Stock Market Investing, Not a Time for Buy and Hold

Many investors are finding that the current situation in the stock market is very difficult to read because the conclusions of different analytical approaches are unusually conflicting. So let’s review the three most important ones and discuss the relevance of each. Then I’ll tell you what I think is the best way to deal with them.

First …

We Have Fundamental Valuations

The most common and seasoned valuation measures are without doubt dividend yields and price-to-earnings ratios (P/Es).

Dividend yield is easy to figure out … and there’s no leeway for interpretation or adjustments whatsoever. Just divide the annual dividend payment by the share price … plain and simple.

Historically, the stock market was a bargain when the dividend yield was 6 percent or higher.

Right now the dividend yield is a paltry 2.8 percent for the Dow Jones Industrial Average, 2.5 percent for the S&P 500 and a miniscule 0.4 percent for the Nasdaq 100.

So according to this time-proven indicator, the stock market has to be rated expensive.

Now, calculating a P/E is not as straightforward as it once was. Back in the day, all analysts based the price-to-earnings ratio on earnings calculated using Generally Accepted Accounting Principles (GAAP).

To keep the bullish fire lit, Wall Street concocted creative ways to report earnings.
But during the 1990s, when stocks got ever more expensive, Wall Street analysts came up with new earnings concepts allowing them to stay bullish. And they tended to adjust reported earnings arbitrarily.

In my opinion, GAAP earnings are the best way to get a proper picture of what’s going on. And the SEC agrees. The Sarbanes-Oxley Act of October 2002 requires public companies to always include a GAAP financial measure.

So I recommend sticking with GAAP earnings. And I also recommend using them on a twelve-month trailing basis instead of relying on ever-optimistic Wall Street estimates.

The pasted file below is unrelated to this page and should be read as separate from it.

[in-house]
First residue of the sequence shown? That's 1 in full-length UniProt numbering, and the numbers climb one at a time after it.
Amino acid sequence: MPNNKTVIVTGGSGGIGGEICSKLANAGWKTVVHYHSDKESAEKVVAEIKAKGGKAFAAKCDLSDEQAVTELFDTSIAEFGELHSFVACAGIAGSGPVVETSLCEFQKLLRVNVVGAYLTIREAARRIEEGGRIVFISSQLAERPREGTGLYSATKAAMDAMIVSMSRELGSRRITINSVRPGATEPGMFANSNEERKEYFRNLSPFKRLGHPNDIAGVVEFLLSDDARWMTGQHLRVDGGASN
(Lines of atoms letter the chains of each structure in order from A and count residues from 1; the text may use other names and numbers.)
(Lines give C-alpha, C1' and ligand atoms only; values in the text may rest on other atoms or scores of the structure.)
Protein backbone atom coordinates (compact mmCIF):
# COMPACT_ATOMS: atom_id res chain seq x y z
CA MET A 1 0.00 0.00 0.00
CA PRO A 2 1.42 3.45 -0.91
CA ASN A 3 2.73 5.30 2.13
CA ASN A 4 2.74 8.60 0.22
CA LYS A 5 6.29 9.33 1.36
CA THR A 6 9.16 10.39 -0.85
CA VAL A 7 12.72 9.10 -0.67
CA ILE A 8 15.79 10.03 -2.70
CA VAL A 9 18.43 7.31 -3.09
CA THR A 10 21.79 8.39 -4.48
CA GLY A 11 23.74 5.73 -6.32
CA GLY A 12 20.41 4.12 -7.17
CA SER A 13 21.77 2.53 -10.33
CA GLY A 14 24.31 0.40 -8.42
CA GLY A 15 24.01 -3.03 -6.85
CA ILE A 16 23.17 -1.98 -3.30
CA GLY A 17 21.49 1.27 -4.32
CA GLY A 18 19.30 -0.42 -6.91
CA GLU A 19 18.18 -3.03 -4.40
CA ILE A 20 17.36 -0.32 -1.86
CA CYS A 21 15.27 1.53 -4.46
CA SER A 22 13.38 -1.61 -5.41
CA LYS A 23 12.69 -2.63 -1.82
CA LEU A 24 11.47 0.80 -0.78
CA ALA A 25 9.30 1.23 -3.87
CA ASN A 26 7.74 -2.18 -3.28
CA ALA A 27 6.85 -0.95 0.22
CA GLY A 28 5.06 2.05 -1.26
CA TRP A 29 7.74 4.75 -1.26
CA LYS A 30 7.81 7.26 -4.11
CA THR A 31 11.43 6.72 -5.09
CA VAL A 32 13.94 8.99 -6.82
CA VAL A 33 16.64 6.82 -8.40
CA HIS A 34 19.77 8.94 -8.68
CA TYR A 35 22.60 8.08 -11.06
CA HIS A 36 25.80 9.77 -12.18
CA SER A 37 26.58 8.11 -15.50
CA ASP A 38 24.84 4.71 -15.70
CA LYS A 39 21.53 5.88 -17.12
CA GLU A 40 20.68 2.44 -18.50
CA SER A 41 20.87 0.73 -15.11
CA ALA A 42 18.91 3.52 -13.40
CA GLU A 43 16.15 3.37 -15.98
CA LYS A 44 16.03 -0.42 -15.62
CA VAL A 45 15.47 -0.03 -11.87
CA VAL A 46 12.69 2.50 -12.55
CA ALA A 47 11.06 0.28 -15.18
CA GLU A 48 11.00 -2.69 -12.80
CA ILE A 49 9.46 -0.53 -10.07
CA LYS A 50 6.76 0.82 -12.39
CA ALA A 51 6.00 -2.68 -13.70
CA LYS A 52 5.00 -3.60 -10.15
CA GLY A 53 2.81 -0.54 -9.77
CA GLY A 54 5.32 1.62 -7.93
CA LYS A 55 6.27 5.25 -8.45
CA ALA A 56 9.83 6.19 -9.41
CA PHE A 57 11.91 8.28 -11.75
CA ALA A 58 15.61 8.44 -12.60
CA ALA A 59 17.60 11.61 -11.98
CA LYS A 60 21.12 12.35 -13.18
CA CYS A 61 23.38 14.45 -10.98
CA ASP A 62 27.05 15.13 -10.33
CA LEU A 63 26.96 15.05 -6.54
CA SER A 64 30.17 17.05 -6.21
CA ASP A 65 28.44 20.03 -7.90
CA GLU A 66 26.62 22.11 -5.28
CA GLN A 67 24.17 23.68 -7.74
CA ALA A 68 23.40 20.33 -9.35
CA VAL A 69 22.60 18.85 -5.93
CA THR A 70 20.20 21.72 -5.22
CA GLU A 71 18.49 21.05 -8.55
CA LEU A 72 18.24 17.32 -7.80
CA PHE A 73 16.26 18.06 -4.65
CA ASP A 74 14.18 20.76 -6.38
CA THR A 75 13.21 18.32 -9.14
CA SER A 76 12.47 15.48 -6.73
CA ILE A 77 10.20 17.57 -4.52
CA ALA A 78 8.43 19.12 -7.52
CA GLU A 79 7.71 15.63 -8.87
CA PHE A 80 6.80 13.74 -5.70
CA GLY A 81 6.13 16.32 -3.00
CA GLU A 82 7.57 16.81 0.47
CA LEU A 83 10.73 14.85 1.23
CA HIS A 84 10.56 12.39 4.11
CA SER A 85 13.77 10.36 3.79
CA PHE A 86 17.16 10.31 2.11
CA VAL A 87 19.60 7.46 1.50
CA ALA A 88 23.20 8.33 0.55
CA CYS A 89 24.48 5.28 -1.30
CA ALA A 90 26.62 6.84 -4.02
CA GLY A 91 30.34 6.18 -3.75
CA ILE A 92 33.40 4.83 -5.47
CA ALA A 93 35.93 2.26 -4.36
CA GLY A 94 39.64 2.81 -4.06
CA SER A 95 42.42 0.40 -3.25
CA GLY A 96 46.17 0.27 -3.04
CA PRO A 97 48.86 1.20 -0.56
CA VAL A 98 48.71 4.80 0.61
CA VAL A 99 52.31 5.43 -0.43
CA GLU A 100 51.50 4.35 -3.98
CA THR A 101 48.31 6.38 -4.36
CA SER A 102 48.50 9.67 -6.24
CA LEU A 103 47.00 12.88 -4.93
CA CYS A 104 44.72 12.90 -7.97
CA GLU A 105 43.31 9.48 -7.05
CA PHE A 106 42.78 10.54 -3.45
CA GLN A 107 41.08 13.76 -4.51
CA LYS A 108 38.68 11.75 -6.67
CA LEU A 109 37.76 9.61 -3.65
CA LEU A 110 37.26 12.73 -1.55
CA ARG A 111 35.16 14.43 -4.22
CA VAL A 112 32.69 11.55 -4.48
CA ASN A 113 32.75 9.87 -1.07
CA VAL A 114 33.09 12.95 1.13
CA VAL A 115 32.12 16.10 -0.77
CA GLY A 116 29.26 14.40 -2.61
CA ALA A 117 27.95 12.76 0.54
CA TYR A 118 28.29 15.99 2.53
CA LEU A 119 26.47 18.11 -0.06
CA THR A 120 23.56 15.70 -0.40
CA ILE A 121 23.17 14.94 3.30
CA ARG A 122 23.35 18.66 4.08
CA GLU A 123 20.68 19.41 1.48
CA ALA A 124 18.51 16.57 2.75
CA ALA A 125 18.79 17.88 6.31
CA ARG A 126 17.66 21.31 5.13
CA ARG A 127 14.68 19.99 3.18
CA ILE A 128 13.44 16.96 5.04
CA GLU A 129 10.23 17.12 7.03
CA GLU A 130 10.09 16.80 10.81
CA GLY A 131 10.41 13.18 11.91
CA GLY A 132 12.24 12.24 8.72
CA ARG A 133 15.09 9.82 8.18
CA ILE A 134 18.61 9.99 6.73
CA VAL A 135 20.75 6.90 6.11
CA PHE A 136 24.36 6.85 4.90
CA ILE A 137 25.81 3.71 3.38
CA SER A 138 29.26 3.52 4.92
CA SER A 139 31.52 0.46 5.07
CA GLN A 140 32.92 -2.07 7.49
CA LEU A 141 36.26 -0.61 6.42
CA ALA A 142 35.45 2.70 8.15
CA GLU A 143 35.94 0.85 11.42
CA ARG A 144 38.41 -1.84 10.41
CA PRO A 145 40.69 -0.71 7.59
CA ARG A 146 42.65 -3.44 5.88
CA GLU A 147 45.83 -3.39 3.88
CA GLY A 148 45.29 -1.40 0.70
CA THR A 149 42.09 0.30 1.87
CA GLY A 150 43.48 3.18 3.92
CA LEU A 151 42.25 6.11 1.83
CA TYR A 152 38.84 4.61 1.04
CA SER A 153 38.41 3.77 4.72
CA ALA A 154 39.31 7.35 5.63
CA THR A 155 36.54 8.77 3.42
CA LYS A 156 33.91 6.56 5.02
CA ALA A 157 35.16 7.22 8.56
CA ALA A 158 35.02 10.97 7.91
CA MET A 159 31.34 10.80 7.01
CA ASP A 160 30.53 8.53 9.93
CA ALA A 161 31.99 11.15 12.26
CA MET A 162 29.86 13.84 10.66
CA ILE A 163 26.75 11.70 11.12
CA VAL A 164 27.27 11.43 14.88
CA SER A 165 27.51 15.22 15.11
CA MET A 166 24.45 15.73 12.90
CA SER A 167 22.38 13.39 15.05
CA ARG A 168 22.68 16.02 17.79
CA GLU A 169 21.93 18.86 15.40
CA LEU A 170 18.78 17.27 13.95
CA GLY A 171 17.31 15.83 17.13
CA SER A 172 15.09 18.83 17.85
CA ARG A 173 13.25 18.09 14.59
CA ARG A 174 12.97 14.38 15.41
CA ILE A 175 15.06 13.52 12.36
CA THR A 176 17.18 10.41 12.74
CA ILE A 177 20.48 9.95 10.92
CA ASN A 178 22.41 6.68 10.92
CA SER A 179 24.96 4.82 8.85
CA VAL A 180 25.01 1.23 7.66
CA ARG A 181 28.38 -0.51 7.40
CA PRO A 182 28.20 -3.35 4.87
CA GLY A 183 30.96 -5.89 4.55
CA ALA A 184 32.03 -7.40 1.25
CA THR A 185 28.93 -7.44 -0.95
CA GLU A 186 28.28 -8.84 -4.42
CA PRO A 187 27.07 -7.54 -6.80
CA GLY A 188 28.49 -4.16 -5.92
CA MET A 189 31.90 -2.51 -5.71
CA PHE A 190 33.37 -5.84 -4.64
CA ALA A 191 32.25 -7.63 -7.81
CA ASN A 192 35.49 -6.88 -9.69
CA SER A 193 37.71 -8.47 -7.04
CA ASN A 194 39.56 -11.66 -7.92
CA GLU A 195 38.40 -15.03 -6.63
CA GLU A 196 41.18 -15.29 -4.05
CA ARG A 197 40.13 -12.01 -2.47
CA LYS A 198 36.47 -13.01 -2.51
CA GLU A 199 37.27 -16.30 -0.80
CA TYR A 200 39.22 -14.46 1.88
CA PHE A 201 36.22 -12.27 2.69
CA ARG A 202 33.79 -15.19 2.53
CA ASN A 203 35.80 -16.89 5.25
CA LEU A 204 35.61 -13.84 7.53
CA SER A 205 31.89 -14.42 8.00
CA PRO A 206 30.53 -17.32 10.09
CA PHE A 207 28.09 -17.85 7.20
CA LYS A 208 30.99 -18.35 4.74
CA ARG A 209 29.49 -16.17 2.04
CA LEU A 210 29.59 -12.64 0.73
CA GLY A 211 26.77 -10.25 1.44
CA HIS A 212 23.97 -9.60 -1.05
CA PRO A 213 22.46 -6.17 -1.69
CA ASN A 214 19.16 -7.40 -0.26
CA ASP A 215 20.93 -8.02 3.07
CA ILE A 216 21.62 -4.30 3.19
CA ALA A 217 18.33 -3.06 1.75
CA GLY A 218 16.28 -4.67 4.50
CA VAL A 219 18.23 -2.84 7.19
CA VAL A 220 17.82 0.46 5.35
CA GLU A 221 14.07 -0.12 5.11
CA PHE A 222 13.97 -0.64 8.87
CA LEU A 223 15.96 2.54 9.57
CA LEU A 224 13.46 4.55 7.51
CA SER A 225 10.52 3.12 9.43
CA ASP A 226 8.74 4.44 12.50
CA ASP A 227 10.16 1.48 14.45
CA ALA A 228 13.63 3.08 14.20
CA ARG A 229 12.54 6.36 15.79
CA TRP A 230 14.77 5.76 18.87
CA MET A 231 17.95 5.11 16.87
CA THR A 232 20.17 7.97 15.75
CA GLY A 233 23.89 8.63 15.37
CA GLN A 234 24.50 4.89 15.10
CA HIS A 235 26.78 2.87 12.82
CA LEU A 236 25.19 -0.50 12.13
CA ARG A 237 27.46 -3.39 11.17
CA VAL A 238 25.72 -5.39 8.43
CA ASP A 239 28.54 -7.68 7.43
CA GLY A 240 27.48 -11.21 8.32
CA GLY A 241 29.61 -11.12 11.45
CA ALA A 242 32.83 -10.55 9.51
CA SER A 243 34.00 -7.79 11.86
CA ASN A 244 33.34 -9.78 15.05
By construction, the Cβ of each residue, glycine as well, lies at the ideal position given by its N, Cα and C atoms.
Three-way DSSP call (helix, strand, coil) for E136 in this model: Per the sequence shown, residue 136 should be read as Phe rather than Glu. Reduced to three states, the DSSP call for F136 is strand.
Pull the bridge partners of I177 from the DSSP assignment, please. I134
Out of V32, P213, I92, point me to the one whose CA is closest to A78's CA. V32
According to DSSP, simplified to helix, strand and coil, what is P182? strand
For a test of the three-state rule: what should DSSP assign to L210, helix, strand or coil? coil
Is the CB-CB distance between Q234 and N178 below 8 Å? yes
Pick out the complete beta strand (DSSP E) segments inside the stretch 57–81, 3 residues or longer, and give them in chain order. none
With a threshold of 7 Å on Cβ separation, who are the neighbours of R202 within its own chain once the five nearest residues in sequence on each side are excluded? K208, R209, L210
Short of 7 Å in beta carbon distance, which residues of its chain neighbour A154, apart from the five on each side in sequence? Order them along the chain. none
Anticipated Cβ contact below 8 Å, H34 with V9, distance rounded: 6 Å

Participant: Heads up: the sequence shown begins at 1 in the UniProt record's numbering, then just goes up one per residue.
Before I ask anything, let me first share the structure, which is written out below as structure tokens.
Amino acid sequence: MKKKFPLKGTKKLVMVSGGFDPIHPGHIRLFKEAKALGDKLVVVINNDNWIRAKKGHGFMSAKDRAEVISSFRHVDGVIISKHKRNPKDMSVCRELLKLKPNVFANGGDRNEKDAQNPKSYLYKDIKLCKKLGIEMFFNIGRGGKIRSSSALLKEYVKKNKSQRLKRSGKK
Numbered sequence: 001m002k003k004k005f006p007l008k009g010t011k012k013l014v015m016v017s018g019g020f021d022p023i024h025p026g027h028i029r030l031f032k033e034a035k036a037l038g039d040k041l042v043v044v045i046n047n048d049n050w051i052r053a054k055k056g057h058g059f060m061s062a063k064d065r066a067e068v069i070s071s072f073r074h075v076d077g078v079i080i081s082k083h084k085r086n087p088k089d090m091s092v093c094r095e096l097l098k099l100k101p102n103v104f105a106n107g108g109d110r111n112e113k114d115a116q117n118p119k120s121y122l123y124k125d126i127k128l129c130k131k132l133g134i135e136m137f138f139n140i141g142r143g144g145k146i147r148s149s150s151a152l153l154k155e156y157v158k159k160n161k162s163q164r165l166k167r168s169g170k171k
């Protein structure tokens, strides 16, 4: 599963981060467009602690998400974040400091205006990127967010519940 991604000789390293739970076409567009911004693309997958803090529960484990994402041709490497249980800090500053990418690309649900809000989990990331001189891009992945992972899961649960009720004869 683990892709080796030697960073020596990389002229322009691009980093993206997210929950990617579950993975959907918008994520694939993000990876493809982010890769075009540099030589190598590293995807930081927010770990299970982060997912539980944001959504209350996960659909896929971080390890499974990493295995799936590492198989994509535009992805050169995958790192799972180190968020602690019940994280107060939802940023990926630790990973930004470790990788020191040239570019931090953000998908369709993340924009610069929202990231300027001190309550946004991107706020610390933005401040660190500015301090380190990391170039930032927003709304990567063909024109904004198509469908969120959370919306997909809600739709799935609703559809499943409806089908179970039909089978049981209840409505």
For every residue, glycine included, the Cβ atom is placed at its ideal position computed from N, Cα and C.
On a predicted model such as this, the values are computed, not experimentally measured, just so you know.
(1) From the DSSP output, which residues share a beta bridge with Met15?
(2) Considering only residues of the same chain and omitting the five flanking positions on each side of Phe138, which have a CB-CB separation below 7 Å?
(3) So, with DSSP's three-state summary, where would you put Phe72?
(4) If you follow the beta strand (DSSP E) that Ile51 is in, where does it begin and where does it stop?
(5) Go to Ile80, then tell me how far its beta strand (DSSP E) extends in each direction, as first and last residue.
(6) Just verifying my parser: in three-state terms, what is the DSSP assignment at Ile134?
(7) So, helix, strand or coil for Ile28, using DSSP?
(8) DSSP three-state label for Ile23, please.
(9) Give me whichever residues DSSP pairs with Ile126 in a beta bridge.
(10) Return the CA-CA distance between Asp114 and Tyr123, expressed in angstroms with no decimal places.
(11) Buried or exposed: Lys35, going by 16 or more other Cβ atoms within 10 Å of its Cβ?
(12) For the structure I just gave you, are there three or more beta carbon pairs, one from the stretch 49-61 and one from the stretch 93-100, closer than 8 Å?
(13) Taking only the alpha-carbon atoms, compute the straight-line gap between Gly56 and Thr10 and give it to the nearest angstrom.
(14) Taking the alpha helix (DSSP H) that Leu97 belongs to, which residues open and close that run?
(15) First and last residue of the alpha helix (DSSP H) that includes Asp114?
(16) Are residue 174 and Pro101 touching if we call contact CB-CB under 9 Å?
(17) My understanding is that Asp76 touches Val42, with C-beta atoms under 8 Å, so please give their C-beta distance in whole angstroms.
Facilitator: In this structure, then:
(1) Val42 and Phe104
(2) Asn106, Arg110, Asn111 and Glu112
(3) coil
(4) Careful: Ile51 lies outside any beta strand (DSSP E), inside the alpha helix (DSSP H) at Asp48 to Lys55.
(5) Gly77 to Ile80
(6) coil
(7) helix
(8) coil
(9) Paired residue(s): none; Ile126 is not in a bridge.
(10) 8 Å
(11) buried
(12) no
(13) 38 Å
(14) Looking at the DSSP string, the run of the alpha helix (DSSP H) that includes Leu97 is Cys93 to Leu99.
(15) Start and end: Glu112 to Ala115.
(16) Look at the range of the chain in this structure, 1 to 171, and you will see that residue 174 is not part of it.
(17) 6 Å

The normal historical range for the GAAP P/E is less than 10 (undervalued) to 20 (overvalued). The current figure is 137 … a record high! So according to this indicator, stocks are extremely overvalued.

And even if we use a non-GAAP earnings measure, like operating earnings, and use forward estimates … the market is now trading at twelve times its two-year forward earnings. The historical mean for the two-year forward multiple is about seven.

Bottom line: Based on the two classic valuation methods, this market definitely does not look cheap.

And remember …

Fundamental Valuations Are Only Long-Term Indicators

Unfortunately, valuation measures tell you nothing about probable stock market returns for the coming year or two. They’re better used for a seven-to ten-year time frame.

In fact, if you rely solely on traditional valuation measures, you’ll be out of the market for many years just waiting for things to get cheap. The chart below shows just how expensive things are right now …


This means you have to look at other methodologies, too. Especially if you want to make money over shorter time frames.

So let’s move to another way of looking at the market …

The Macroeconomic Picture Is Somewhat Mixed …

In addition to valuation methods, we have macroeconomic indicators.

Unfortunately the picture they’re currently painting is very dire. The economy is in a post real estate bubble environment. Historically, the after effects of real estate bubbles are not only devastating but last many years. And there’s just no reason to assume that this time should be different.

Look at what’s happening already: